Building “Untappd for Coffee” with Sharkey & ActivityPub

Nick Felker
7 min readMar 3, 2024

Since 2018 I’ve been using the app Untappd to keep track of beers that I drink. When I’m at a restaurant I can take a photo, give it a rating, and file it away for later. Over six years I’ve managed to build up a large corpus of flavor preferences and the app makes it easy to recall past beers.

I like the app for these reasons — that it allows me to rate and track a very particular niche so that I can compare them easily. But I do consume much more than beer. In particular, I want to become a more informed connoisseur of coffee. As there is no coffee check-in app that I’m satisfied with, I’ve decided to build my own.

An idea of what I want to build

I tried to build something like this a few years ago but it didn’t really work that well. While I’m able to build a database and a web form, a lot of value of Untappd comes from the social network aspect. So this year, as I resurrect this project, I wanted to try to make sure that last part worked well. As I’m not an expert on building social networks, I wanted to find a good open-source project I could start with.

Today, a lot of open-source development in social media is based around ActivityPub: a standard for building and connecting federated social services together. You might’ve heard of Mastodon, but there are many other experimental projects.

I didn’t need anything very specialized, just a microblogging site that supported ActivityPub and multiple users. That means that even if you aren’t using my coffee app, you could still follow my updates and interact with my checkins. I think that is a key part of the system which can help the app grow organically, since individuals could be curious by what I’m sharing. Untappd used to support automatic sharing to Twitter, although changes to Twitter’s API disabled that feature. In a federated system, those kinds of API changes would be less likely to impact me.


I started out with Friendica, an active federated social network platform with a bunch of useful features. Having a project that is actively maintained was important to me. While I tried to read a bit about ActivityPub, I’d much rather use someone else’s implementation and just hack away on my coffee part alone. Friendica is built using MySQL and PHP, and thankfully came with a Docker container to make setup easier.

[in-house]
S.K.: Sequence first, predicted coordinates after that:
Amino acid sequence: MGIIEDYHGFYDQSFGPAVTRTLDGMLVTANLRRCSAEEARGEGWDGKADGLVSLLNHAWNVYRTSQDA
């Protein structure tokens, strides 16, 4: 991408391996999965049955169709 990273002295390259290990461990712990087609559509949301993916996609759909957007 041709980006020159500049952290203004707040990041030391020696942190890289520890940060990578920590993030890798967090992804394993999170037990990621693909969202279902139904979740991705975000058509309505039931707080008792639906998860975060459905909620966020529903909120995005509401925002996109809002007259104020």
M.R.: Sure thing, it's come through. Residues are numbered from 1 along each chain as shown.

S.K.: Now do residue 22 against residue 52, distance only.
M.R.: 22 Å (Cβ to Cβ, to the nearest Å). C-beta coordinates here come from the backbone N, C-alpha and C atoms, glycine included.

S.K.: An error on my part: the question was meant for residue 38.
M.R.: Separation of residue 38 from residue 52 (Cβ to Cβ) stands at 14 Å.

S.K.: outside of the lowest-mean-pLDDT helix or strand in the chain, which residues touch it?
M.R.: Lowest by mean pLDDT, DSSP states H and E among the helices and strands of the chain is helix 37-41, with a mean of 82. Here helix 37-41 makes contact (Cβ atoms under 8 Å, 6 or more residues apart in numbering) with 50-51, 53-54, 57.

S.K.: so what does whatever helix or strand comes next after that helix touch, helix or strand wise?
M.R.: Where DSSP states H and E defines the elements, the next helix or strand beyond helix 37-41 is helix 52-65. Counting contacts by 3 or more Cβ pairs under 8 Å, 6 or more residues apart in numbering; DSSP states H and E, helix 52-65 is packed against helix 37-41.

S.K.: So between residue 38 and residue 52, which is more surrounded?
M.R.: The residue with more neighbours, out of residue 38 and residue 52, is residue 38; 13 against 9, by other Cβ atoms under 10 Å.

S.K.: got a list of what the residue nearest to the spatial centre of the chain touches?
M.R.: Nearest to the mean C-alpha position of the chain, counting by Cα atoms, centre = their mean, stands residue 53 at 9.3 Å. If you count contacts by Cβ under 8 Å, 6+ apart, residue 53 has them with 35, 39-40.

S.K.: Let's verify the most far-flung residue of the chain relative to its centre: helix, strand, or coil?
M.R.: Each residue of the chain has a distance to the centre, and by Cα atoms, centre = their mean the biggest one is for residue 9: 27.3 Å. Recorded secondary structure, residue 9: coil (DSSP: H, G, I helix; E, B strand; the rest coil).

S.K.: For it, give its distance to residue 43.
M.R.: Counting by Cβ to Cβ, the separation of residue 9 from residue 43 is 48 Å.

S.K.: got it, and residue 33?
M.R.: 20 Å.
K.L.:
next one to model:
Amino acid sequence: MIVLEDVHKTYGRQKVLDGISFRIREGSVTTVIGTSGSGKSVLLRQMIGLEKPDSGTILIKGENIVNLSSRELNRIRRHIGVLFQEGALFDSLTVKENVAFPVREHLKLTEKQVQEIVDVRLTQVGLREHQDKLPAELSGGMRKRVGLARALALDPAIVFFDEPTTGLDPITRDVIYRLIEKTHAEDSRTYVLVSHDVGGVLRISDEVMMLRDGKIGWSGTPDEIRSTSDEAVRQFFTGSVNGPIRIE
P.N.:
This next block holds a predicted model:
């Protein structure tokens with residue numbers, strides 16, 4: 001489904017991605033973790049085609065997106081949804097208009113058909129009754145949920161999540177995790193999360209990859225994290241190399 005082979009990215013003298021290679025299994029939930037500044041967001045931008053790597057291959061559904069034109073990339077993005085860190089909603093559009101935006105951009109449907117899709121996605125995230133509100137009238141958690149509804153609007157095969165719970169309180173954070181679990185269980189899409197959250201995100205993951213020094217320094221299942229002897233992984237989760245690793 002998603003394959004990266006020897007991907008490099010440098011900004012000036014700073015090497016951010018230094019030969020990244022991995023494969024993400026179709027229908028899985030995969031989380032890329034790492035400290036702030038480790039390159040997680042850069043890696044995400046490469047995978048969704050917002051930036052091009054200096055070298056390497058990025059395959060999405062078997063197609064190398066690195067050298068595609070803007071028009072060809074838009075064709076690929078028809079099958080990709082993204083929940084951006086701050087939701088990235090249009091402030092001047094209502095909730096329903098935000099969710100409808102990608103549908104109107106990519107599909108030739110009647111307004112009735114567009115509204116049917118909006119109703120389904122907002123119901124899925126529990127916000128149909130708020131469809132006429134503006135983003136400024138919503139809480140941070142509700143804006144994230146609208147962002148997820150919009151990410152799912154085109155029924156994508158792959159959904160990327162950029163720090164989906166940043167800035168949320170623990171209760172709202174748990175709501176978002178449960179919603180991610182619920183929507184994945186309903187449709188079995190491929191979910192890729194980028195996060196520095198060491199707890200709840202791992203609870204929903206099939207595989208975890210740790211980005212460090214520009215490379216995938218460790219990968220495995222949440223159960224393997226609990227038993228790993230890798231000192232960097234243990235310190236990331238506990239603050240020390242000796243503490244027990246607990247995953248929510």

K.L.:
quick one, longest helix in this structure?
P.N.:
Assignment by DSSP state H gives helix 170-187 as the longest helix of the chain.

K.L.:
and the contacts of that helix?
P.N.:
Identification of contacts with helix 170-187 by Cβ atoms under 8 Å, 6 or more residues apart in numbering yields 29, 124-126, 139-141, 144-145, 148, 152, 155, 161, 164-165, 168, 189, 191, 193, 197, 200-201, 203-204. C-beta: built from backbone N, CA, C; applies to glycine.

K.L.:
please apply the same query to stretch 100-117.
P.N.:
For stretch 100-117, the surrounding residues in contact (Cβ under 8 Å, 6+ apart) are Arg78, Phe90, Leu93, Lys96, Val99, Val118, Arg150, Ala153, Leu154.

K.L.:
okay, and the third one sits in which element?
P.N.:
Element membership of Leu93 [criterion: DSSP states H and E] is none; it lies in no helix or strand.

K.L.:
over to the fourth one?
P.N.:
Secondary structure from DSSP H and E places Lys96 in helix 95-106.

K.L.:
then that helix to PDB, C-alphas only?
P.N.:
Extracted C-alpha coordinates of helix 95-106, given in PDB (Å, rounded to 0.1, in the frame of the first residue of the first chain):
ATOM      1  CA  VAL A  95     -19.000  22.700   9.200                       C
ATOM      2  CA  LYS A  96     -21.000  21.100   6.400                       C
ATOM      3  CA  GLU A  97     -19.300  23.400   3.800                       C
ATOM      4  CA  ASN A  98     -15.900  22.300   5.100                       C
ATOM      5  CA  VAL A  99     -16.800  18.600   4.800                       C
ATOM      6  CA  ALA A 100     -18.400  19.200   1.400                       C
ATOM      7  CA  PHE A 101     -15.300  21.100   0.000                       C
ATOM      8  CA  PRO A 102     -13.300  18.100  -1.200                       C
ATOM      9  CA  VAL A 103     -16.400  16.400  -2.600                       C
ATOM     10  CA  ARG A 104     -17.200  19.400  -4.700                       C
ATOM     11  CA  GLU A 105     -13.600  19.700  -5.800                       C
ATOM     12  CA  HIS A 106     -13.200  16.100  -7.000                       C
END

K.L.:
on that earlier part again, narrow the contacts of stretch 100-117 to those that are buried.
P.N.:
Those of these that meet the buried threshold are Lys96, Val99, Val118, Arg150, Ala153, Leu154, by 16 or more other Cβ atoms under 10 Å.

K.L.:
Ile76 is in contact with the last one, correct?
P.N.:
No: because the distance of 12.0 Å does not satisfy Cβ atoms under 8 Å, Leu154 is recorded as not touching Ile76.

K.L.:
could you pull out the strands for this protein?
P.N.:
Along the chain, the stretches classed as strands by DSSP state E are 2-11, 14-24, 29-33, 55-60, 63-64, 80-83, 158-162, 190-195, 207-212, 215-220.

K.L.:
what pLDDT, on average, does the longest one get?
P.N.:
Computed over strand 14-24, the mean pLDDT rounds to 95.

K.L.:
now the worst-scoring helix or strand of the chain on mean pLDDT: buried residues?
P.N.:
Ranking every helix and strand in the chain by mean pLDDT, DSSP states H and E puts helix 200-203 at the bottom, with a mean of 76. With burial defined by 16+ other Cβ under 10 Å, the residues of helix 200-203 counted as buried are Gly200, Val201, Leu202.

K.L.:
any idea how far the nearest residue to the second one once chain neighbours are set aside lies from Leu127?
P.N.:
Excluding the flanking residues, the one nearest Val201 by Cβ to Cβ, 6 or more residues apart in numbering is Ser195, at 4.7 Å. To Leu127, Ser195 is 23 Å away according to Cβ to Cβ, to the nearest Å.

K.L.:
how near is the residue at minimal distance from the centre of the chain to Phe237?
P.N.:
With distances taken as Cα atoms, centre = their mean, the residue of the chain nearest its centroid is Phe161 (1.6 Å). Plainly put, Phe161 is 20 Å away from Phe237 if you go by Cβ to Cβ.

However, I never got Friendica to work correctly. I couldn’t get it set up because the website container never talked to the database container. Docker is hard, and it would be nice if AI code tools could fix that instead of writing my HTML a little faster.

After spending a few days banging my head on the keyboard, I pivoted.


I had looked into Misskey at the start as it did look to fit all the critiera I was looking for, but the documentation wasn’t great. Half of it is just written in Japanese, making it a lot harder just to get started. But thankfully there are forks of Misskey with more English-speaking developers. Some of them are FireFish and Sharkey.

I was able to get started quickly using a Docker setup which runs on localhost:3000 and it actually works! The setup is in three parts: the Postgres Database, a Redis server, and the Sharkey host. I noticed a lot of small details and customizations that the development teams built over the years, and it made me more confident that this was the right base for my project.

So I made a fork of the project though I didn’t like how they just recently moved away from GitHub. Their new destination, on, seems to have a certificate error which means I couldn’t download the code through the git CLI. I hope they fix that in the future.

Sharkey is written in TypeScript and Vue, which are technologies I’m personally more familiar with. That was also a good sign that I’d be able to dive into the code quickly.

Building Changes

I started with modifying the English text in locales/. I didn’t want my app to be called Sharkey. I thought Beantown would be a better name. I also wanted to rename references from “Note” to “Checkin” to better reflect app intent.

Whenever I changed locales, I had to run pnpm build-assets to change them.

Although the documentation for Sharkey is good, and in English, it’s not complete. After I get started, I don’t really have a lot of guidance on what to do next, so I hope this blogpost will provide some interesting guidance for other developers.

Making Changes

Rather than having to build a bunch of new features, I was happier about turning certain features off. In store.ts you can change the default navigation menu. The options for this menu all come from navbar.ts.

 menu: {
where: 'deviceAccount',
default: [

There are also UI components that I can modify. In navbar.vue I am able to remove the “More Actions” option at the bottom of the navbar. I want my client app to be very focused on coffee. I also removed widgets by updating the “Universal” theme. Technically, users can find and use other themes which would give them back widgets. But I don’t intend to add any coffee-based widgets to my app. If I do, I’m glad that Sharkey has that as a platform feature. I also wanted to remove certain tabs from timeline.vue that I didn’t intend to use.

Creating Coffee Input

When you create a new post, you open up MkPostForm.vue. After assembling a large postData object, it sends it to the notes/create API endpoint. From create.ts in the backend, it then calls the NoteCreateService.ts to insert a MiNote into the database.